Flamingos spotted in Wisconsin for first time in history

Flamin’s go wherever the wind blows.

Five bright pink tropical birds were spotted frolicking just off the shore of Wisconsin’s Lake Michigan waters on Friday, marking the first time flamingos have been sighted in the state.

A horde of birdwatchers already caught a glimpse of three adult birds with pink plumage and two gray juveniles just 8 feet from the beach in Port Washington, a city located 44 miles north of Milwaukee. and a crowd of people. The Milwaukee Journal Sentinel reported.

“This is huge,” said Jim Edelhuber of Waukesha, an avid bird watcher and photographer. He rushed to watch the waterfowl after word of their visit spread on social media.

“This is unbelievable.”

The birds seemed happy as Wisconsin enjoyed temperatures near 80 degrees on the first day of fall.

Ryan Brady, a conservation biologist with the Wisconsin Department of Natural Resources, said the flamingos were mostly sleeping on shore banks after landing in the Badger State early that morning.

Wildlife biologists theorize that the birds were thrown off course from their native Mexico and Cuba by Hurricane Idalia’s violent wind gusts and pushed into the northern states.

Five flamingos appeared on the shores of Lake Michigan in Port Washington, Wisconsin.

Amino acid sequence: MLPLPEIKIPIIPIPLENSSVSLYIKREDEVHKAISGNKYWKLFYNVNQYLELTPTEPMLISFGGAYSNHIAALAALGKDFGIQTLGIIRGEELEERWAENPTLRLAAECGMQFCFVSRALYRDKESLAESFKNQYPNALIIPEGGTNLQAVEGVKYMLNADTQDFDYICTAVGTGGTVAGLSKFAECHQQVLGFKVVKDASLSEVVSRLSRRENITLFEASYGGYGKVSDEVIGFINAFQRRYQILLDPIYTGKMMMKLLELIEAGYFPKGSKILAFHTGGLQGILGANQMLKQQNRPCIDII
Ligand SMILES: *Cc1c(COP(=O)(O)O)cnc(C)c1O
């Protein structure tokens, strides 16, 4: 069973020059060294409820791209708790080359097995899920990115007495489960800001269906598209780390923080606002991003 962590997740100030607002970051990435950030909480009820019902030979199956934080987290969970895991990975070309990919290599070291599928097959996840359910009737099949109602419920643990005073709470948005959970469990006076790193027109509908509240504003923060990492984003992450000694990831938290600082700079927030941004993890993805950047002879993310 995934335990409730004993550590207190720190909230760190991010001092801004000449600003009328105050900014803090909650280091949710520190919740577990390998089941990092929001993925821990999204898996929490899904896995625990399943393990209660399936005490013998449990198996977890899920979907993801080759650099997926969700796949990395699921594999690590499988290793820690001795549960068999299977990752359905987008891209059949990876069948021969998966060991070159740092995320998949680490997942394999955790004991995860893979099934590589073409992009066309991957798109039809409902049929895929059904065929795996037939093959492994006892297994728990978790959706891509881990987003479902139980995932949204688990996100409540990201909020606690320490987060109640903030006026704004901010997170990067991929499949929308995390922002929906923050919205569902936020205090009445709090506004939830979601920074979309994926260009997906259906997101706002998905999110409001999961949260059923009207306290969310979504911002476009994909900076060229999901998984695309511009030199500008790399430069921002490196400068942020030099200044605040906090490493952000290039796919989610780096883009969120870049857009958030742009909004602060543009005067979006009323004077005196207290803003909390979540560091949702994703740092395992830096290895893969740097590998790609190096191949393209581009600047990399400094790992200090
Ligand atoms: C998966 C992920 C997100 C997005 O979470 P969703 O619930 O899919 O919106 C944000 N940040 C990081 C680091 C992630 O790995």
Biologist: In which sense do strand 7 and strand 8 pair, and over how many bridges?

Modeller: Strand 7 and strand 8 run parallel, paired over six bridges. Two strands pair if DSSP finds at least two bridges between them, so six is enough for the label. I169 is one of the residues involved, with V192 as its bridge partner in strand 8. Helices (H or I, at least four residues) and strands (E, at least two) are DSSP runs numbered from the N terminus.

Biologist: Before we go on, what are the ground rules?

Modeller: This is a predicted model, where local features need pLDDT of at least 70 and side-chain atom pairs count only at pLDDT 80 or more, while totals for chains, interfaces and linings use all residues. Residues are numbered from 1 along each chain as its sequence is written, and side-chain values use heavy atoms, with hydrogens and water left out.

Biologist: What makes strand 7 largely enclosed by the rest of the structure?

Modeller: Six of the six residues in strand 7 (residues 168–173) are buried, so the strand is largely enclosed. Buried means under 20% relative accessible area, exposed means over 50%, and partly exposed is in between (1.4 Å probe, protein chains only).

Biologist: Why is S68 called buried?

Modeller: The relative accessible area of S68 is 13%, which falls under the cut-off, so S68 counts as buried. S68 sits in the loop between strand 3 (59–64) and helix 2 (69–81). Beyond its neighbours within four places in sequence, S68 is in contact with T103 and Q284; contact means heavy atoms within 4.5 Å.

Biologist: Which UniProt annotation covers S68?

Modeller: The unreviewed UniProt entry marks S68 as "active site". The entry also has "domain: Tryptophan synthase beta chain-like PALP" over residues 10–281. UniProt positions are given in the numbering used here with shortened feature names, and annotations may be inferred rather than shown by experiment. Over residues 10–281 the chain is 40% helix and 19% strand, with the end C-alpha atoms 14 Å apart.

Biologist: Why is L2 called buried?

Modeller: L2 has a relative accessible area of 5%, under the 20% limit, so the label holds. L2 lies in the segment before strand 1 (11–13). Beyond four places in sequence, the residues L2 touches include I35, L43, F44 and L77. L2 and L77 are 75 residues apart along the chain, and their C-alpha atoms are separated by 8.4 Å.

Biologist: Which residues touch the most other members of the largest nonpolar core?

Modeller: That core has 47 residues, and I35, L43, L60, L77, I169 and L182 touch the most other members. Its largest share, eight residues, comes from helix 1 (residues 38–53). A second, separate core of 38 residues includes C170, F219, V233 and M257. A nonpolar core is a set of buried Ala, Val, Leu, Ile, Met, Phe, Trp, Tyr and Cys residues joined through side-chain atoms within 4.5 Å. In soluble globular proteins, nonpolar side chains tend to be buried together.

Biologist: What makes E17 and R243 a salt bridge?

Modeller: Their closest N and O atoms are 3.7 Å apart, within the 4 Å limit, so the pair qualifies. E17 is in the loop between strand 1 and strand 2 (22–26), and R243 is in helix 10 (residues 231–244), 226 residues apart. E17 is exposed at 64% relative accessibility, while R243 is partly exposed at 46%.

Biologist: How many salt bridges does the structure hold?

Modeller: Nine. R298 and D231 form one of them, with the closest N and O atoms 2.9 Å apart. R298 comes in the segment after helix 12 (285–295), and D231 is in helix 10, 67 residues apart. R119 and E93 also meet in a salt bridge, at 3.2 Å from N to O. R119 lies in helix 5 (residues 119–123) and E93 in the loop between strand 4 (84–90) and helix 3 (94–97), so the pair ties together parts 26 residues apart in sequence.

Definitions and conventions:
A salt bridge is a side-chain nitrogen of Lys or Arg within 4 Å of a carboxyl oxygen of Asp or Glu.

After the storm, dozens of flamingos appeared in unusual locations across the country, including Indiana, Kentucky, Ohio and Pennsylvania.

Flamingos have been seen swimming in the Florida waters for the first time in 100 years.

This bird made its home in the Sunshine State until hunting nearly wiped it out in the early 19th century, when fashion trends shifted to the popularity of feathers.

Flamingos standing by the water along the beach of Lake Michigan.
This visit marks the first recorded sighting of waterfowl in the state.

Flamingos by the water along the beach of Lake Michigan
Three of them were pink adults and the other two were gray juveniles.

The rare flamingos that call Florida their permanent home make up only 1% of the world’s flamingo population and live in a semi-domesticated environment. by Florida Fish and Wildlife Conservation Commission.

“The only time I saw (flamingos) was on a trip to Aruba,” said Debbie Gaspar of Port Washington, who took a short trip to the lakefront with her husband, Mark.

“If I don’t send a picture of this, my relatives in Georgia won’t believe it.”

Media and beachgoers watch flamingos on a Lake Michigan beach.
Hordes of birdwatchers arrived to witness this historic sight.

But flamingos aren’t the “first” celebrity bird to make a historic visit to Wisconsin this year.

The flame-colored goldfish, a bright orange tropical bird, was discovered in nearby Cudahy province in May.

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